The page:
Religion

Biden’s Muslim American judicial nominee threatened by smear campaign

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(RNS) — Late last year, President Biden nominated the first Muslim American to serve on the U.S. Court of Appeals. But in the wake of Israel’s war on Gaza, that nomination may now be in jeopardy.

Biden’s pick, Adeel Abdullah Mangi, has a distinguished two-decade career as a corporate litigator based in New Jersey. Born in Pakistan and educated at Oxford and Harvard, he has also done pro bono legal work focused on fighting for religious liberty.

But when Mangi, 47, went up to Congress for a hearing before the Senate Judiciary Committee in December, he was not grilled about his judicial philosophy but about his views on terrorism and Jews.

Republican Sen. Ted Cruz asked him, “Do you condemn the atrocities of Hamas terrorists?” Another suggested he was antisemitic. Mangi was even asked: “Do you celebrate the anniversary of 9/11 in your home?”

To many Muslims and others, the questions on the part of Republican members of the Senate Judiciary Committee were unvarnished examples of Islamophobia.

“I think in the climate we are in post October 7th, some members want to equate Muslims with Hamas or with terror,” said Wael Alzayat, CEO of Emgage Action, an organization that seeks to empower Muslim Americans. “This is an option for them to kind of use that as a cover to deny a perfectly qualified candidate.”

Emgage is encouraging Muslims to contact their senators and urge them to confirm Mangi. More than 800 letters have so far been sent. 

Biden nominated Mangi in November to the U.S. Third Circuit Court of Appeals. His nomination is part of the administration’s priority to bring greater diversity to the federal bench. Mangi now awaits a vote of the entire Senate for a lifetime appointment to the bench.

There are only two Muslim Americans, both nominated by President Biden, serving on federal district courts and none on the appellate court. With an estimated 3.5 million Muslim Americans and 870 federal judgeships, Muslim Americans are significantly underrepresented on the bench as a proportion of the population.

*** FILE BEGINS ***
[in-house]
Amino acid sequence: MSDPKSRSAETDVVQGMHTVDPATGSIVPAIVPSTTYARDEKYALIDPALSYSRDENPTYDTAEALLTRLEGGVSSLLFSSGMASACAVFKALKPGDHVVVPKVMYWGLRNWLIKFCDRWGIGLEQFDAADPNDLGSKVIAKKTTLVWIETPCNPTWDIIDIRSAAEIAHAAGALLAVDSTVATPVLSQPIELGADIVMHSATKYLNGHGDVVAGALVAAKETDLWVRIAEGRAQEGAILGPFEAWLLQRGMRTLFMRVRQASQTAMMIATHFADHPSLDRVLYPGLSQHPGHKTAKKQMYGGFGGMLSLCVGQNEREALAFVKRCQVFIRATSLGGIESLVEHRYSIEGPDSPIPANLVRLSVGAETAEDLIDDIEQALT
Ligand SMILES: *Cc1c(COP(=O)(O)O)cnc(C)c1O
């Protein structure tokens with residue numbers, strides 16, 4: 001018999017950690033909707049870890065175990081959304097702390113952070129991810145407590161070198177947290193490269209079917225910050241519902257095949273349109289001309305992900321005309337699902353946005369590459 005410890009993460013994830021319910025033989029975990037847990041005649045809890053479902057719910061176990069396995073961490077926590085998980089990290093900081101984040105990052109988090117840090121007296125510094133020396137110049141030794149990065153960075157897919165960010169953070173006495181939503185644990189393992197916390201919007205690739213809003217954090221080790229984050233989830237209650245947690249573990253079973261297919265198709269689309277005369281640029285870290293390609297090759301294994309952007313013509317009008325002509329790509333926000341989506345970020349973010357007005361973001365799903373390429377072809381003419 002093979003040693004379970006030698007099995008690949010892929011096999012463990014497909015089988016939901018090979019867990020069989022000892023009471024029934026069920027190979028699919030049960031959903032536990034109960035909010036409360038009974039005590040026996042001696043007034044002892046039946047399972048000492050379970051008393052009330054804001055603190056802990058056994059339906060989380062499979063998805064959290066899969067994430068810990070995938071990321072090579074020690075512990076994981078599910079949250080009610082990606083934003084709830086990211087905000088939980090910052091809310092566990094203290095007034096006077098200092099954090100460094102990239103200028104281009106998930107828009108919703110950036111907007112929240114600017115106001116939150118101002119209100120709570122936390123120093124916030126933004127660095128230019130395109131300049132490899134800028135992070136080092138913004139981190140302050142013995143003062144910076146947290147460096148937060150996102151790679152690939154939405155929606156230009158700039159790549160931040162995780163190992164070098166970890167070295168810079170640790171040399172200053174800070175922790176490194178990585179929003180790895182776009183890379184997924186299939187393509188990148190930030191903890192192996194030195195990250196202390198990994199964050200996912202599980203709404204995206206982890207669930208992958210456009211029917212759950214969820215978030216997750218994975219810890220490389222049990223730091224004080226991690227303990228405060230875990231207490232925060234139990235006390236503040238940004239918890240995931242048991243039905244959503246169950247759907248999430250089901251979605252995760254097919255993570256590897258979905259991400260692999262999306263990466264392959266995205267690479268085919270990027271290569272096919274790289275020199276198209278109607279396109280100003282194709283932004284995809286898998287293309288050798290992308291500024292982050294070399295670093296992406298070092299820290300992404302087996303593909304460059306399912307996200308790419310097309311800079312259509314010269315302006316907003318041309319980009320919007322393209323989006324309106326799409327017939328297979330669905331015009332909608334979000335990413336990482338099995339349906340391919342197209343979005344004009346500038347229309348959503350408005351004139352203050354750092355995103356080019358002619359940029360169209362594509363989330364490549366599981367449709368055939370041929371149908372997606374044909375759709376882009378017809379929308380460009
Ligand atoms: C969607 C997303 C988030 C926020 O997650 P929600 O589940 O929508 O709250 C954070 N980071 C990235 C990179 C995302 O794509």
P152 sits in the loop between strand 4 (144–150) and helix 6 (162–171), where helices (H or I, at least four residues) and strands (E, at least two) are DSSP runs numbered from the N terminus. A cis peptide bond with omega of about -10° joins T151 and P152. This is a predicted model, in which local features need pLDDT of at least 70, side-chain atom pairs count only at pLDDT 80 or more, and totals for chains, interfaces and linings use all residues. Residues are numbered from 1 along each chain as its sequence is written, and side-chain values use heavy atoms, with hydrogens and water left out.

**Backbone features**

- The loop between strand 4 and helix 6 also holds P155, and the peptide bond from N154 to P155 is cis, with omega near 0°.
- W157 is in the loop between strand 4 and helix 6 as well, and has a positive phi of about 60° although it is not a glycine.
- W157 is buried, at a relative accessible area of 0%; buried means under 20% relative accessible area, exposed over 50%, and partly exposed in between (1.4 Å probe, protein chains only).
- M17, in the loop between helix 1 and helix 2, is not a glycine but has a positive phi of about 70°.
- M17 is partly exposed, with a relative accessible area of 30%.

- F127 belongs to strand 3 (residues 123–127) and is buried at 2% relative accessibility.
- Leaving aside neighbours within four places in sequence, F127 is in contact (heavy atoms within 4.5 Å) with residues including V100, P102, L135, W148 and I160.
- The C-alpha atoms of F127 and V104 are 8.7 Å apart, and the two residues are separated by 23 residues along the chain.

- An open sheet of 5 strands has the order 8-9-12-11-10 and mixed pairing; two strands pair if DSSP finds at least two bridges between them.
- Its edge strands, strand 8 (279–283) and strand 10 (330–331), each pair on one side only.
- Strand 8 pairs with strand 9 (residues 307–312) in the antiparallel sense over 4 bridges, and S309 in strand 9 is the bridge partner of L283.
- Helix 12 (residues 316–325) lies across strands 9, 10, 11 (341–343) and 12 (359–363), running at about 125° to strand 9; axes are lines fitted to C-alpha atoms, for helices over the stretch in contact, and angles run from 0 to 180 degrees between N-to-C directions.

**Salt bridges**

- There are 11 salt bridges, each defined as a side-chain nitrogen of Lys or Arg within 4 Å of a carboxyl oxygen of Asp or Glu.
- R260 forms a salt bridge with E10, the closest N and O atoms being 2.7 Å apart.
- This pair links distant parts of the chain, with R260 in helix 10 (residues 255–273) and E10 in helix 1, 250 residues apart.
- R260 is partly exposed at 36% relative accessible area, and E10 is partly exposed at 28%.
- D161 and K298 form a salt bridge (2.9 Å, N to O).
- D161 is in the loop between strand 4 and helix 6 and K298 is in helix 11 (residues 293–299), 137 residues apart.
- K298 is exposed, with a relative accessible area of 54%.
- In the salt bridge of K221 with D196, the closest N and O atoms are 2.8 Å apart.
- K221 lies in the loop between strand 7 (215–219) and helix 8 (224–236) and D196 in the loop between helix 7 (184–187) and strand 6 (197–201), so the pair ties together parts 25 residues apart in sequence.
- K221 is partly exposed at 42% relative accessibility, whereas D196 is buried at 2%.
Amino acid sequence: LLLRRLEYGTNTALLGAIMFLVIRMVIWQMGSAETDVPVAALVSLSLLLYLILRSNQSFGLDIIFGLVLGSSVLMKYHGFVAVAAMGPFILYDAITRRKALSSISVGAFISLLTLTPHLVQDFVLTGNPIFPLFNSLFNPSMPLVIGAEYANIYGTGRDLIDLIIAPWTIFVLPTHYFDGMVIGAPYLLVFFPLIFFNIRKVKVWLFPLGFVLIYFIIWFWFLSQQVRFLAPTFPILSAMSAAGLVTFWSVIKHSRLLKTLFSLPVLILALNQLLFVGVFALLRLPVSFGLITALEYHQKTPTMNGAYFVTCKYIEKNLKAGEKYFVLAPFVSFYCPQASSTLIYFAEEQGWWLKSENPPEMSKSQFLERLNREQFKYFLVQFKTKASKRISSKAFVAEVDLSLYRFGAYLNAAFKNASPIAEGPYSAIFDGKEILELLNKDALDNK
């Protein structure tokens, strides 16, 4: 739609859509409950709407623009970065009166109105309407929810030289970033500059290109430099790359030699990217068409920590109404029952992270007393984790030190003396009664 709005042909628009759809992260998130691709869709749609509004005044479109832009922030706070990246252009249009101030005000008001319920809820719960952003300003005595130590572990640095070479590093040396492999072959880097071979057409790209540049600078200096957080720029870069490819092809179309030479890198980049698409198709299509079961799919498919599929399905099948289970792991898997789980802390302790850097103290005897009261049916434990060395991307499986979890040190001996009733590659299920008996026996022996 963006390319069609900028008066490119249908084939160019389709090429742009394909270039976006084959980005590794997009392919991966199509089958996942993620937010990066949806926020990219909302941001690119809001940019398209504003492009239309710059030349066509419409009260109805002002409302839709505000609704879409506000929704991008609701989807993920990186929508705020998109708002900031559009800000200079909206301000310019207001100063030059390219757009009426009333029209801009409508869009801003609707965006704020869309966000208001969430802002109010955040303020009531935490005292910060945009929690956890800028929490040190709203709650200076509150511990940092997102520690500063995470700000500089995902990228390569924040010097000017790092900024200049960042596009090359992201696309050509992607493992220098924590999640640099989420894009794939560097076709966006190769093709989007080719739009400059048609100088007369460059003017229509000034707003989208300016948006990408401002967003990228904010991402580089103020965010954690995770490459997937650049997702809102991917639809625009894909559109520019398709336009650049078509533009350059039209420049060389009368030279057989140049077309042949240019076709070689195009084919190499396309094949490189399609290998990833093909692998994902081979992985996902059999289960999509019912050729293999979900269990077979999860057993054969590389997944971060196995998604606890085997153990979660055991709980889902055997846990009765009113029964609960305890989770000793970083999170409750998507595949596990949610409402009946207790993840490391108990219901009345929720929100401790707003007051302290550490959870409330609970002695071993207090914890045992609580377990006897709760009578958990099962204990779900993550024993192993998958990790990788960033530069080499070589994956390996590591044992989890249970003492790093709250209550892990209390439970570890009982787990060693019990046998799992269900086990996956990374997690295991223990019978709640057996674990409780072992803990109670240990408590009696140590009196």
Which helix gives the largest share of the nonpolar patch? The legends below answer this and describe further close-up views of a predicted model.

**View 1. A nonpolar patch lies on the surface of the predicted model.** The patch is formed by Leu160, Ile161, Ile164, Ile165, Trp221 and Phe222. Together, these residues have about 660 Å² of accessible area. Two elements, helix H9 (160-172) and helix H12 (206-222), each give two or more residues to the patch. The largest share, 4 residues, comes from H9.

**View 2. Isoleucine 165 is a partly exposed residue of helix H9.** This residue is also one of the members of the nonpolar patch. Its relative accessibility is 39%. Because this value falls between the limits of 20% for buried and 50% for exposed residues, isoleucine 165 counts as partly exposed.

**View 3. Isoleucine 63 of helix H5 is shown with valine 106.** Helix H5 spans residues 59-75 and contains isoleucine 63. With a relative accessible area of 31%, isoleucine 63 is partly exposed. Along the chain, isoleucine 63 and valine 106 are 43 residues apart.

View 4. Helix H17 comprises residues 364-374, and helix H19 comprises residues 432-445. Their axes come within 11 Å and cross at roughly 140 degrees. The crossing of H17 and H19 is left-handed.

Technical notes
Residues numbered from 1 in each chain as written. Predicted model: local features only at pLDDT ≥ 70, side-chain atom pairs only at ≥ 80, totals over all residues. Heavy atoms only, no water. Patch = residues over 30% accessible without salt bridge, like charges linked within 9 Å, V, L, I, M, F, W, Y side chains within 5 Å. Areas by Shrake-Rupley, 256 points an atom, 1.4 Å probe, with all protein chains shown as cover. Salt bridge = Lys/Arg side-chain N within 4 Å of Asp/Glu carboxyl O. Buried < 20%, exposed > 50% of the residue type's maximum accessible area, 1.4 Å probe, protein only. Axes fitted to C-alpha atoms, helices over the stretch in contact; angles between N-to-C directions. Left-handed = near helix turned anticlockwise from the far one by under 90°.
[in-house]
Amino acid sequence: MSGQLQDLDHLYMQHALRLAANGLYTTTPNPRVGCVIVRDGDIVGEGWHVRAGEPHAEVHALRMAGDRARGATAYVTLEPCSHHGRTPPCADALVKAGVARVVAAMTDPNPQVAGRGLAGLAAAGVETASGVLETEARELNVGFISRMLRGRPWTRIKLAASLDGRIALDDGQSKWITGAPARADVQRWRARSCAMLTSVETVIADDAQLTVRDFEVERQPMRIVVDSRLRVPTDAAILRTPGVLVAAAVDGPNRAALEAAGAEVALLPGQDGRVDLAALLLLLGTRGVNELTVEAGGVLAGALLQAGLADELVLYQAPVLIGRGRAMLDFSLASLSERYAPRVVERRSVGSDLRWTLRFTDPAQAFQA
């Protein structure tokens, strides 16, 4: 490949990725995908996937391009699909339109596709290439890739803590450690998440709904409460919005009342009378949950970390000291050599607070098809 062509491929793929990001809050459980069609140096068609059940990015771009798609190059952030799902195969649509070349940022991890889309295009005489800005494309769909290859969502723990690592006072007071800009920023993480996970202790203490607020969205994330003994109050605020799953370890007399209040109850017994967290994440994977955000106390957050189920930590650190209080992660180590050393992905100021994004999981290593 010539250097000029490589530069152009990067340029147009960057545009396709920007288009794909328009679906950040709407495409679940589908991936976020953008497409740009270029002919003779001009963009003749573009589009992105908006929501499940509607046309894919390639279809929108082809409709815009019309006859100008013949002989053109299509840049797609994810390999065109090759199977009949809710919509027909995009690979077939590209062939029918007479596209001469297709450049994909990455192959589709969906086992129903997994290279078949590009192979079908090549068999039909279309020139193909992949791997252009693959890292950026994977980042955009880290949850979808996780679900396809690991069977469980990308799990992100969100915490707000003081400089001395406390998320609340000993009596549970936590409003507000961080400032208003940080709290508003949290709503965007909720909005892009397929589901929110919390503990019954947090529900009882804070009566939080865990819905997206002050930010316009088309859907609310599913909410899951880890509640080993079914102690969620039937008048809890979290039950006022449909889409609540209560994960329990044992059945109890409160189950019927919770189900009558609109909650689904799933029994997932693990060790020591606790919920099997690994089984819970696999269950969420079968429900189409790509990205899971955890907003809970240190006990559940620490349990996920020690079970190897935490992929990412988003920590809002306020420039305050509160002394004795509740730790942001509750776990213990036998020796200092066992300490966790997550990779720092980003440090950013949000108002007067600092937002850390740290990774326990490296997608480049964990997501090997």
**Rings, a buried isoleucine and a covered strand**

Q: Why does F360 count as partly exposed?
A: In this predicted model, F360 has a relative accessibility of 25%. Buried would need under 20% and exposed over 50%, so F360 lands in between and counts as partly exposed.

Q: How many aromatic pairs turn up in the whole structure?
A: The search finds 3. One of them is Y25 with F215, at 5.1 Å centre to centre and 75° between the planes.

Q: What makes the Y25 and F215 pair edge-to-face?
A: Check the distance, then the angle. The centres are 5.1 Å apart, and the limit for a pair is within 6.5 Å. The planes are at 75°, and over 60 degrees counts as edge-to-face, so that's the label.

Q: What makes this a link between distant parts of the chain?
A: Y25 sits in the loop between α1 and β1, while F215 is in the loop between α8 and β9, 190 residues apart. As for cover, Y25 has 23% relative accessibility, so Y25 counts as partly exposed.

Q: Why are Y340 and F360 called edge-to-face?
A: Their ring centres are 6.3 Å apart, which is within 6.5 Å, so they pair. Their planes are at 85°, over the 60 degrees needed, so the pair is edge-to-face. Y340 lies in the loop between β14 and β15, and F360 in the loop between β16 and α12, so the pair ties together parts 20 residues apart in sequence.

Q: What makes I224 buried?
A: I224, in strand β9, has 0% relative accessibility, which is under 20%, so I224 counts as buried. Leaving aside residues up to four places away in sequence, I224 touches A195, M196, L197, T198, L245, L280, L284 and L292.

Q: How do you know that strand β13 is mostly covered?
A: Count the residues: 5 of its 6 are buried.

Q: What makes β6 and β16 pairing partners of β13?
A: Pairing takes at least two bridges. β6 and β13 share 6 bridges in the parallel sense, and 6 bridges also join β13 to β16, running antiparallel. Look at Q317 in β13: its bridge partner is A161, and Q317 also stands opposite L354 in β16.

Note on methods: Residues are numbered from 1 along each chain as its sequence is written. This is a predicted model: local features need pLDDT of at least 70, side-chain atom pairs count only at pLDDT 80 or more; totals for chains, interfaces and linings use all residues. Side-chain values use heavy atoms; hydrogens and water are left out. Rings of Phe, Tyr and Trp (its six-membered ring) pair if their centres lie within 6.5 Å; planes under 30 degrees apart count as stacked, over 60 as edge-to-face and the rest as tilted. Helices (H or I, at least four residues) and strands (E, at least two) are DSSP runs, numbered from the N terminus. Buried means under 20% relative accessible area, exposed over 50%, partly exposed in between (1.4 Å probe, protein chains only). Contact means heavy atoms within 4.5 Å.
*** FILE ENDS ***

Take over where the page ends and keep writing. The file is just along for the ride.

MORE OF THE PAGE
Mangi, a partner since 2010 at New York City firm Patterson, Belknap, Webb & Tyler, has been involved in numerous high-profile civil rights cases. He won two cases involving two different Muslim communities denied permission to build mosques in Bernards Township and Bayonne — both in New Jersey.

A White House spokesperson described Mangi as an “extraordinarily qualified nominee who is devoted to the rule of law, lived the American dream through hard work, proven his integrity, and would make history on the bench.”

Two Jewish organizations — the Anti-Defamation League and National Council of Jewish Women — both championed Mangi. In a January statement, the ADL said, “… berating the first American Muslim federal appellate judicial nominee with endless questions that appear to have been motivated by bias towards his religion is profoundly wrong.”

Still, it appears Mangi may not have enough support from Democrats on the committee.

A right-wing dark money group has spent at least $50,000 on digital ads blasting “antisemite Adeel Mangi.” The ads encourage moderate Democratic Senators to “vote NO on giving antisemite Adeel Mangi a lifetime position in our courts.”

That pressure may be working. CNN reported last week that some Democratic senators have warned the White House “that there does not appear to be enough votes in the Senate” to confirm Mangi.

“We are worried that there may be senators who are questioning their vote over spurious allegations and hateful smear campaigns,” said Arsalan Suleman, a lawyer and cofounder of America Indivisible, a nonprofit organization addressing anti-Muslim and other forms of bigotry. “I think there is no doubt that he is a supremely qualified candidate for the bench and should be confirmed, and absent this discriminatory treatment he’s been receiving, I’m sure he would have been confirmed already.”

America Indivisible and two Muslim American bar associations recently created the Muslim American Judicial Advisory Council to promote the nomination of more Muslim American candidates. Three, including Mangi, are now awaiting confirmation to federal judgeships.

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